I have not yet learned humility. I don’t know how to be confident and hopeful while still being okay if I fail. Either I’m invincible or I’m in the land of self-pity. These days, the latter has become my coffeeshop of choice.

I don’t know how to have confidence in my own abilities. Thank God my mom reads over my cover letters because I do not trust one word I write.

The response to this is, we’re not supposed to have confidence in our own abilities. We’re supposed to have confidence in God, who gave us our abilities for a reason. Again, in my head, I know that to be true. The fact is, though, I still think I can imagine a better future for myself than God can. I’m not willing to trust him. Oh, there are days when I do, but so too are there days when it feels like darkness is all around.

Let me tell you, when you sit alone day in and day out for months on end, when it’s just you and your laptop searching for jobs for hours at a time, compulsively checking email, trying not to obsess about the future… you become acutely aware of how many times in a day you sway from Trust to Fear.

I have become acutely aware of my failings in this department. And acute is a great word so don’t accuse me of overusing it. Acute means sharp or severe – it’s brief and staggering, as opposed to chronic. It’s most often used to contextualize types of grief, sorrow, and pain – it’s the right word to describe the pain when you go from a spiritual high to spiraling downward in a matter of minutes.

When it’s just you in the silence, and you don’t have class, work, meetings, friends, or even bloody homework to distract you – when it’s just you, for days and months on end, trying to hope but utterly unable to sustain yourself – there’s a special brand of self-loathing that develops there.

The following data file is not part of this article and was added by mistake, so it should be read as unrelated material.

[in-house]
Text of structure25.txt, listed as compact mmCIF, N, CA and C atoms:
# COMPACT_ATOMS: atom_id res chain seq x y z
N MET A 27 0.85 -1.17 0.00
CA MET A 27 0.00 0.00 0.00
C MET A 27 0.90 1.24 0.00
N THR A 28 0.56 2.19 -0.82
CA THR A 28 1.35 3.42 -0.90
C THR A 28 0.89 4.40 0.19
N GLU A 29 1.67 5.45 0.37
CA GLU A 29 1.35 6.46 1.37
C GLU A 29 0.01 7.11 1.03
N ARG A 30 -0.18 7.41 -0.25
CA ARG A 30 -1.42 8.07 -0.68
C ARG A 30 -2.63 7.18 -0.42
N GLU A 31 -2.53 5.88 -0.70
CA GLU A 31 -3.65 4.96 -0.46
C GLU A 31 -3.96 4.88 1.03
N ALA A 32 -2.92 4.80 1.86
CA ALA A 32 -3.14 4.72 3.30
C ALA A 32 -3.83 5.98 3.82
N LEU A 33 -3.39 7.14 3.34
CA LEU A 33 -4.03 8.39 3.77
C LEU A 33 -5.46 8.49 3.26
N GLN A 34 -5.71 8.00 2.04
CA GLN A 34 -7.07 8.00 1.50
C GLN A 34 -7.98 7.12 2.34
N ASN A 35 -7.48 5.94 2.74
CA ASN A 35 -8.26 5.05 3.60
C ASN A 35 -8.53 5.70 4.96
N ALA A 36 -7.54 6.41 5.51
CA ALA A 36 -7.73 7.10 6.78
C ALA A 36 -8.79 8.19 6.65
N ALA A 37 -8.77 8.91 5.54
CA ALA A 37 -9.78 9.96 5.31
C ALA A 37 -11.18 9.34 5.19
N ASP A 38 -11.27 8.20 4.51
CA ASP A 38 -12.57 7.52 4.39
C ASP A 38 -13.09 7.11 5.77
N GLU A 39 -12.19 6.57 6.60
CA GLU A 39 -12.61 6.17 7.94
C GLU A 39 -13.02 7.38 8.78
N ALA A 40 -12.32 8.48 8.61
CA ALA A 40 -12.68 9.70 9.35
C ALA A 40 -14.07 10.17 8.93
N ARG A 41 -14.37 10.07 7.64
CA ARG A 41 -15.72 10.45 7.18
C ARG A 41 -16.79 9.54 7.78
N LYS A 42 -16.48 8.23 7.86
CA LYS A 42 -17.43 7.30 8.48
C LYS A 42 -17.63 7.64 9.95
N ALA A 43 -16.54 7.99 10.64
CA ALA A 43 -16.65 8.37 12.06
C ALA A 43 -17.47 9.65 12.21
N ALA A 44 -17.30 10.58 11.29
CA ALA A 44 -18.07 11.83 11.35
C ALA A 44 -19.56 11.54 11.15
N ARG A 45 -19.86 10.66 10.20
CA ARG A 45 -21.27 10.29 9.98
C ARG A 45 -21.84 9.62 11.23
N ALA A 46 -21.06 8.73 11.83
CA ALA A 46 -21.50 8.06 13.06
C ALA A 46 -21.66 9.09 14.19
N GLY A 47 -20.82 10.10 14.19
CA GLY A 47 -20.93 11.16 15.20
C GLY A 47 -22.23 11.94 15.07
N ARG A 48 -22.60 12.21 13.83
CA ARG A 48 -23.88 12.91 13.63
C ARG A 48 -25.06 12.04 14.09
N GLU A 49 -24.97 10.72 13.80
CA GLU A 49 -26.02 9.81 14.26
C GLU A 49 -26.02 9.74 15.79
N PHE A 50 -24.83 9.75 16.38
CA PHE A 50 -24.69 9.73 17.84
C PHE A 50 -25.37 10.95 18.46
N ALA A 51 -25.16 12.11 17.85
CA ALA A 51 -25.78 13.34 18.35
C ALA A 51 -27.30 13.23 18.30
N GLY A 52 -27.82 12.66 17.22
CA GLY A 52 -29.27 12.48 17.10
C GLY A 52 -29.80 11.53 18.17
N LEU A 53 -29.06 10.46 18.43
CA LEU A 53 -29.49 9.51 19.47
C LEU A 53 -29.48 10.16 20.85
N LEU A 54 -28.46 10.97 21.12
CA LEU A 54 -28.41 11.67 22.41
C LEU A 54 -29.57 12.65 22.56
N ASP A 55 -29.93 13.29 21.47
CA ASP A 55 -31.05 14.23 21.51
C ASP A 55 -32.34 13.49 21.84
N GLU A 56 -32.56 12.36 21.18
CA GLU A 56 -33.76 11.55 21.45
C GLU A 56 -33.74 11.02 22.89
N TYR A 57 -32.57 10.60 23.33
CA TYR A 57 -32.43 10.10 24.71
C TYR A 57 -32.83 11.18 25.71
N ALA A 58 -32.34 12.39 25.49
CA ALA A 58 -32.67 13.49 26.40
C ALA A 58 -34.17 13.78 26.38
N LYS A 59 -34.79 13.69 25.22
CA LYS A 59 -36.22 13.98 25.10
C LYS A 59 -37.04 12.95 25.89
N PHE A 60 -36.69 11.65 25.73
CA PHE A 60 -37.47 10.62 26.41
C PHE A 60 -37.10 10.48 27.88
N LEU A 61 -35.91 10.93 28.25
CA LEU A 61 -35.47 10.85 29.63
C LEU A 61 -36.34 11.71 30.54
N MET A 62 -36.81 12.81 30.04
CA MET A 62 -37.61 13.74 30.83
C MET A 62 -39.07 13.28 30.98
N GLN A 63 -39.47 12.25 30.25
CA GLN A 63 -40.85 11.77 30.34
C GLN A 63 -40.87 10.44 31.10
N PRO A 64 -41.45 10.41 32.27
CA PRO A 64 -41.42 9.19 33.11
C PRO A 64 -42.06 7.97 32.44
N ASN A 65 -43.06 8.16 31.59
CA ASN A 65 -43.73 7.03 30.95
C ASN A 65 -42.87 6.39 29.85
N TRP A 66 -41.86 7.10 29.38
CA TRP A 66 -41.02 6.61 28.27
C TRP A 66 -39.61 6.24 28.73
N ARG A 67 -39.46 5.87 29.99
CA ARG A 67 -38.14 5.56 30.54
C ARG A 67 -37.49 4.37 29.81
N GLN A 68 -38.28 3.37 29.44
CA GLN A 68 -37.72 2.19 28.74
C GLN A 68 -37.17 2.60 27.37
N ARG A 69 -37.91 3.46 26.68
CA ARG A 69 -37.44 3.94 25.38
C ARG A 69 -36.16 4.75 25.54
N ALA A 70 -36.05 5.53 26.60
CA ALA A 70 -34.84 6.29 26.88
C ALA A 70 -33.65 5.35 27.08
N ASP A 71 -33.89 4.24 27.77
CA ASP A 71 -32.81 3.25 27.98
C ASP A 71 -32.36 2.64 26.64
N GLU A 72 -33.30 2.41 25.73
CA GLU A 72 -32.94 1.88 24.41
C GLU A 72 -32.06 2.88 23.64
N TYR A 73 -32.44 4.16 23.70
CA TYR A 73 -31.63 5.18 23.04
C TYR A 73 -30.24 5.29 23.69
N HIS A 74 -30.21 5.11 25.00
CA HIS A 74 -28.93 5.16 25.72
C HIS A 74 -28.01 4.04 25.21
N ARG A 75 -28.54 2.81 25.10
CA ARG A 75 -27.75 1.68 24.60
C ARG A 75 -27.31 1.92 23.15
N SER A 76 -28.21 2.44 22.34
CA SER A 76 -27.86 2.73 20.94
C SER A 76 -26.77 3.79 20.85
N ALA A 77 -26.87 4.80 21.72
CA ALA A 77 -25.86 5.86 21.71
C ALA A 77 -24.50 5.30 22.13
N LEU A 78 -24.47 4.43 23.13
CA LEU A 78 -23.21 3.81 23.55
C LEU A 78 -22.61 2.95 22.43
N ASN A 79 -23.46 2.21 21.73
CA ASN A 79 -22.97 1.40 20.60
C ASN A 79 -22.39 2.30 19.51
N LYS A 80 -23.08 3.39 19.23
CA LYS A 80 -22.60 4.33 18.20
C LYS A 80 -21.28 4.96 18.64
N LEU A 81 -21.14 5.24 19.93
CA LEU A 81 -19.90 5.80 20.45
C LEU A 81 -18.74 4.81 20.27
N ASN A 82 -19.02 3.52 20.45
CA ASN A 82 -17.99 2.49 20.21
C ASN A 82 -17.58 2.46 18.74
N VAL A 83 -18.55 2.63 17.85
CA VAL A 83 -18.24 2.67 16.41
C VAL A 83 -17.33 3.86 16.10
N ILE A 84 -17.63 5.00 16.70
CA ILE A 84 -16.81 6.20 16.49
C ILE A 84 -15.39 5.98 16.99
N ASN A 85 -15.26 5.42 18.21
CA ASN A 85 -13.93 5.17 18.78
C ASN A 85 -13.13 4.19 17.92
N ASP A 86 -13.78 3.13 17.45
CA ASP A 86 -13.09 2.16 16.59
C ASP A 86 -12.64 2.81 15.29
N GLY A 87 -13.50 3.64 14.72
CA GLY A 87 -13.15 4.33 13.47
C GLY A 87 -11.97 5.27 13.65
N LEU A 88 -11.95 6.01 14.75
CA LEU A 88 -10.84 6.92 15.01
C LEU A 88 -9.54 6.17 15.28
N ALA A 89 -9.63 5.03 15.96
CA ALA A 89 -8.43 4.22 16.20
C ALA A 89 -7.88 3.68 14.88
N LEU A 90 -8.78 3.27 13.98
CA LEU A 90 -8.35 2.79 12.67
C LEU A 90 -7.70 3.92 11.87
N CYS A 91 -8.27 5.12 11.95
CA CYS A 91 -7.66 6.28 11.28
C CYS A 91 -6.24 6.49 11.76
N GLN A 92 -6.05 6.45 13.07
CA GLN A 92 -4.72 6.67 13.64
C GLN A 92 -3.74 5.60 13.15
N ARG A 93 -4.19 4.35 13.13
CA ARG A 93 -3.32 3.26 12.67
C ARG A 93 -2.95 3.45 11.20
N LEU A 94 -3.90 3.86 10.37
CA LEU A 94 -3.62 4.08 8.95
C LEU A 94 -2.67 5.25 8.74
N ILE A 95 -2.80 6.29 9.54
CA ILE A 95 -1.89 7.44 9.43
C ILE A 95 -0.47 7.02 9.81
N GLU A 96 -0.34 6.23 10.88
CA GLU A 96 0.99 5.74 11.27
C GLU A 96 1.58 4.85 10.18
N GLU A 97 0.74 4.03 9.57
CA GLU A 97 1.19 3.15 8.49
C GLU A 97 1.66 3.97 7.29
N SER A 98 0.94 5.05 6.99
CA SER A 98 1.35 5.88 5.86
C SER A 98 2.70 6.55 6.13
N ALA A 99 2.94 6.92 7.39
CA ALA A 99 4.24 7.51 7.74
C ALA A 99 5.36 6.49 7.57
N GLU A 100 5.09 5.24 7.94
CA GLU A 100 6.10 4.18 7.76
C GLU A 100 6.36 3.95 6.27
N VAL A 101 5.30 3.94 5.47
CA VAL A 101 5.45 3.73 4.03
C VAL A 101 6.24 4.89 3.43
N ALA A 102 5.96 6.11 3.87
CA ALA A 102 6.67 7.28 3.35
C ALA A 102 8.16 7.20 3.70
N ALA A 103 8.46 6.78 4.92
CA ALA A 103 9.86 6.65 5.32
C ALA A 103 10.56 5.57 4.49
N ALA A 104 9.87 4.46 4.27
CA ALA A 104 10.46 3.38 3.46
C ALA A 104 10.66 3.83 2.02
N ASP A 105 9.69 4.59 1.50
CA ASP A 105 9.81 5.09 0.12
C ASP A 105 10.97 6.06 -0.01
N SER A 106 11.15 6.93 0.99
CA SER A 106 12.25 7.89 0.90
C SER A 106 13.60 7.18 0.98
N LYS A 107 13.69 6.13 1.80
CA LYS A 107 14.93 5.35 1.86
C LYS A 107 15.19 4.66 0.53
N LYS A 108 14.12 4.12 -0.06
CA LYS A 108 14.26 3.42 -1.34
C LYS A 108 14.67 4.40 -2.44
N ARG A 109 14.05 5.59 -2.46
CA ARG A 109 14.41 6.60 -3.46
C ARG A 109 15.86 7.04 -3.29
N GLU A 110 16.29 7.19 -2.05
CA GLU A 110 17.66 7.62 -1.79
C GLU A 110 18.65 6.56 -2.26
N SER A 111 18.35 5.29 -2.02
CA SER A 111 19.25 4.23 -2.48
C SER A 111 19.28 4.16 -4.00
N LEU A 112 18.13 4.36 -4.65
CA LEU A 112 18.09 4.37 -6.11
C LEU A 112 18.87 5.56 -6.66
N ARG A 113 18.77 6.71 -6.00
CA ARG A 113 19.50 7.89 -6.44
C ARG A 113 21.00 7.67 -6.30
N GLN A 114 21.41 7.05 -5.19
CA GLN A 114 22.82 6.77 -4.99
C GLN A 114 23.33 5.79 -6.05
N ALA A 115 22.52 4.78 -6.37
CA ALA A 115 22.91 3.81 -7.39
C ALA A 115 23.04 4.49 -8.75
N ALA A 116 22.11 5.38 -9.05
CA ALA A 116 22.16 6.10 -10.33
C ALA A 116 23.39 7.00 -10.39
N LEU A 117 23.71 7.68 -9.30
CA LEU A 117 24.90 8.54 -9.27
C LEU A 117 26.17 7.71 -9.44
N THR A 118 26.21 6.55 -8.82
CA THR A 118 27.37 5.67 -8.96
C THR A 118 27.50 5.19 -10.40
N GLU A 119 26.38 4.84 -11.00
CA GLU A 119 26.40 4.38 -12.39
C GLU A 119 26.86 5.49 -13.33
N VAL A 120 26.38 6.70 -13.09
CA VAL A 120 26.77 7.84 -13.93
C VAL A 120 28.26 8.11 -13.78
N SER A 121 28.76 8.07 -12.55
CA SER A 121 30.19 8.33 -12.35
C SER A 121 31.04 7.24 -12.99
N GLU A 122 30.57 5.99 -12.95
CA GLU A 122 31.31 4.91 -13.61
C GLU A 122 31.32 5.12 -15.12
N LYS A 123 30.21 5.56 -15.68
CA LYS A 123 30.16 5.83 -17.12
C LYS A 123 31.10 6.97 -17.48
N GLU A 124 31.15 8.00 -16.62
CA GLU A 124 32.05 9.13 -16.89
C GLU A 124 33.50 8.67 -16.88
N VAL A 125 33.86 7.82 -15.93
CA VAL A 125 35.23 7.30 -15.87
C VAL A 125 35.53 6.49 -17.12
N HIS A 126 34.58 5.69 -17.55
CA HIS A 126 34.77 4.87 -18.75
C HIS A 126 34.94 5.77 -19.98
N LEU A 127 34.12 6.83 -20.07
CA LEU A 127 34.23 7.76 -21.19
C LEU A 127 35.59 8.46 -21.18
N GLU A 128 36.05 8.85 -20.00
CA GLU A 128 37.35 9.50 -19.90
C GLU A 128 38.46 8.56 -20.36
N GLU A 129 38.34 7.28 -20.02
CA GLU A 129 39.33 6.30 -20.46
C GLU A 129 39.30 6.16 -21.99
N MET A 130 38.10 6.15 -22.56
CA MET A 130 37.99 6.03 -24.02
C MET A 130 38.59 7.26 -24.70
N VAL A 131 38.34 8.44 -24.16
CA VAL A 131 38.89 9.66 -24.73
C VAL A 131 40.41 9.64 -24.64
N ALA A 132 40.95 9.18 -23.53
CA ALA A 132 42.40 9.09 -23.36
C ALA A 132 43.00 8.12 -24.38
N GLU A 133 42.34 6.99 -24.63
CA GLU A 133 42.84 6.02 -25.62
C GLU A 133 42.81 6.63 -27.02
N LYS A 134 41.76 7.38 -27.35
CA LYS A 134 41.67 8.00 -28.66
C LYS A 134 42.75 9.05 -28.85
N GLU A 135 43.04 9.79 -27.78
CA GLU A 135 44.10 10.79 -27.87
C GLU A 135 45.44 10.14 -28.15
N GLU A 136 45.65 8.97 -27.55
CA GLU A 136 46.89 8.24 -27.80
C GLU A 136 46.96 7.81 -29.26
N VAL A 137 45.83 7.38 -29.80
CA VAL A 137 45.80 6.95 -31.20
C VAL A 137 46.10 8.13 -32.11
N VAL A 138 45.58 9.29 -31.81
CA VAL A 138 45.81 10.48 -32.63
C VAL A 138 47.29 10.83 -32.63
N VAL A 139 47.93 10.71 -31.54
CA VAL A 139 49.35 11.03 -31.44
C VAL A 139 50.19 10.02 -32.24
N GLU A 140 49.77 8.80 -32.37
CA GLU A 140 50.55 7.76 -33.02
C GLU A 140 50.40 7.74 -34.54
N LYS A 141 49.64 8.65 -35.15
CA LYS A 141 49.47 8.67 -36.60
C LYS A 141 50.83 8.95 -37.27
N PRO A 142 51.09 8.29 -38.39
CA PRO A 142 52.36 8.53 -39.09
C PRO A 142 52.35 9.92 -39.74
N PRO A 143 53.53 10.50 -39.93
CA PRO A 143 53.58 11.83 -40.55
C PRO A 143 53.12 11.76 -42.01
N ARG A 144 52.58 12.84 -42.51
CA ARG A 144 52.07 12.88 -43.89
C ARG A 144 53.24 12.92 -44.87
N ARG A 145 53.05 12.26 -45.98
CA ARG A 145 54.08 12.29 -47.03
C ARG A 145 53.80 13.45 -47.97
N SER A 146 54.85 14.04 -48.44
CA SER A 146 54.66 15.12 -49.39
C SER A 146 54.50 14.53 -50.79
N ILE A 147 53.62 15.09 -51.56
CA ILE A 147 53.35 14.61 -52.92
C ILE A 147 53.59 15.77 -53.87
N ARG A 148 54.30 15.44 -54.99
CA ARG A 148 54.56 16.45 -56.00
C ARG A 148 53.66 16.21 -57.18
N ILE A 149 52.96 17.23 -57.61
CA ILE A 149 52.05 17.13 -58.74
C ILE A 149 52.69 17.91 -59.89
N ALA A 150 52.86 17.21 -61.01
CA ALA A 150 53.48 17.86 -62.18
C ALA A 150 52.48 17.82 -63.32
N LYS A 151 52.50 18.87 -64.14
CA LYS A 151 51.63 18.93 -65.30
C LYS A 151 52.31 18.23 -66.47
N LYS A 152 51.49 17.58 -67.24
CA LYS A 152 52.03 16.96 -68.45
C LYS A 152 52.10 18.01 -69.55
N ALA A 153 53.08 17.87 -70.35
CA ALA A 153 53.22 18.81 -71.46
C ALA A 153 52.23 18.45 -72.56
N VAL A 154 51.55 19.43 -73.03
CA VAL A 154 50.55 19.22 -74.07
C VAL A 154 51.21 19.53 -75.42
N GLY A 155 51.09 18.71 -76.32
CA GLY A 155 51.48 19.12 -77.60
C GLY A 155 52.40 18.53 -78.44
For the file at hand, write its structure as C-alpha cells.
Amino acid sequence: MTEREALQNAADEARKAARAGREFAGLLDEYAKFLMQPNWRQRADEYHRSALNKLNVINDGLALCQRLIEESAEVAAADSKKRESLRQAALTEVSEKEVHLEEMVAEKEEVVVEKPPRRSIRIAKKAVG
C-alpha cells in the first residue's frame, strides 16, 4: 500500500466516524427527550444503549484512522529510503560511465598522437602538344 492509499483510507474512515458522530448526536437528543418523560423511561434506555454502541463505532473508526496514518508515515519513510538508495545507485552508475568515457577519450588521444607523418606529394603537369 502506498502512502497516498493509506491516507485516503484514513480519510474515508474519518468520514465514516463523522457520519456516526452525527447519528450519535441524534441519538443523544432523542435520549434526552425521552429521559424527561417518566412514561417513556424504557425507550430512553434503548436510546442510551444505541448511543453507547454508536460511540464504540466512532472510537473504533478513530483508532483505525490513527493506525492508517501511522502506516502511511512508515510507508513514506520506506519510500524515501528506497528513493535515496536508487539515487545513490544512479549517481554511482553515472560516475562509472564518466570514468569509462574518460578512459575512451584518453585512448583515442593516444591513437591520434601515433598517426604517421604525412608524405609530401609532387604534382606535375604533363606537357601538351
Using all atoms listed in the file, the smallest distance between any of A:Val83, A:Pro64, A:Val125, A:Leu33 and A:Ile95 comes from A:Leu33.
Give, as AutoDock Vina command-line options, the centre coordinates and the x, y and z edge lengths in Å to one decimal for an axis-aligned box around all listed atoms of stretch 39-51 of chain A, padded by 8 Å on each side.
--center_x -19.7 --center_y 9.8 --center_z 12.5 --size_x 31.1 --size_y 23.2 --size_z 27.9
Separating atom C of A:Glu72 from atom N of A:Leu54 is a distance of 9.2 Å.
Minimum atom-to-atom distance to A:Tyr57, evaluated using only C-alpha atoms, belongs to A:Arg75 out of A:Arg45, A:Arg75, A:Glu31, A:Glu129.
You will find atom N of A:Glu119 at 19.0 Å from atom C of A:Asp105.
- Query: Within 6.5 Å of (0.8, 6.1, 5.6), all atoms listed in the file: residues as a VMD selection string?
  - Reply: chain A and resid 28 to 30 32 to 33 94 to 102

It’s pride in one of its many forms, and it worships at the altar of “I.” Pride, above all, must be self-sustaining. It has a singular concentration on independence, on the ability to do it all… there is not a greater power, you are in total control – this is the lie of the “I.” It is pride that tells people they “should” have work when they don’t, because they’re qualified – pride trusts human ability over God’s design, my own imagination over my Creator’s.

I feel like if God’s put me in this prison – because I love my parents, but being at their homes day after day feels like prison – to rid me of pride, or even to try to get at the root, well, we’re going to be here a lot longer, because the pride seems to be swelling and growing more now than it has all summer.

Not to get all metaphoric, but the garden always seems like a good metaphor for the soul. If you put seeds in dirt, the sun and the rain will do almost everything. But you have to tend it. You have to weed it. You have to go out with the hose and water the damn flowers when there is no rain. There are dry spells and cloudy days and times when you feel like you’re not keeping the garden alive, even though it still is.

My mom recently went out of town on an extended trip, and I had to take care of the gardens. Now, I know relatively little about gardening, and I freaked out because during those two weeks, there was no rain, and even though I watered the plants almost perfectly on schedule, to me – the untrained eye – it looked utterly bereft. But when my mom returned, she said I’d done a great job and that the yard looked wonderful.

The untrained eye versus the expert’s eye… the human eye versus the master gardener’s eye. When I look at my life, I see loss and loneliness and despair. I see sin and hopelessness and wretched external forces weighing down. I see uncertainty and doubt and spiritual vacillations of bi-polar proportion.

But that’s not what he sees. He looks at me and sees his son. He looks at me and sees his daughter, redeemed. He looks and sees many broken pieces just waiting to be put back together in a form so beautiful no one else could have imagined it. He sees opportunities for restoration and renewal and rebirth. For growth and pruning and tending. He sees the big picture. He sees exactly how these moments – every moment, every acute pain and tender joy – fit into the pattern.

I’m not to the point where I can doubt and immediately lift it up to him. I still wallow in self-pity. I cross my arms and plop down in my mud puddle, a perfect picture of a childhood tantrum. But it’s taking less time for me to grasp onto his hand and let him lift me out of the mud puddle. So in that, there is growth. It is small and it is fragile, but it is there. And it’s only by his grace, because I’m a train wreck without grace.

Psalm 23:3: He restores my soul; He leads me in the paths of righteousness for His name’s sake.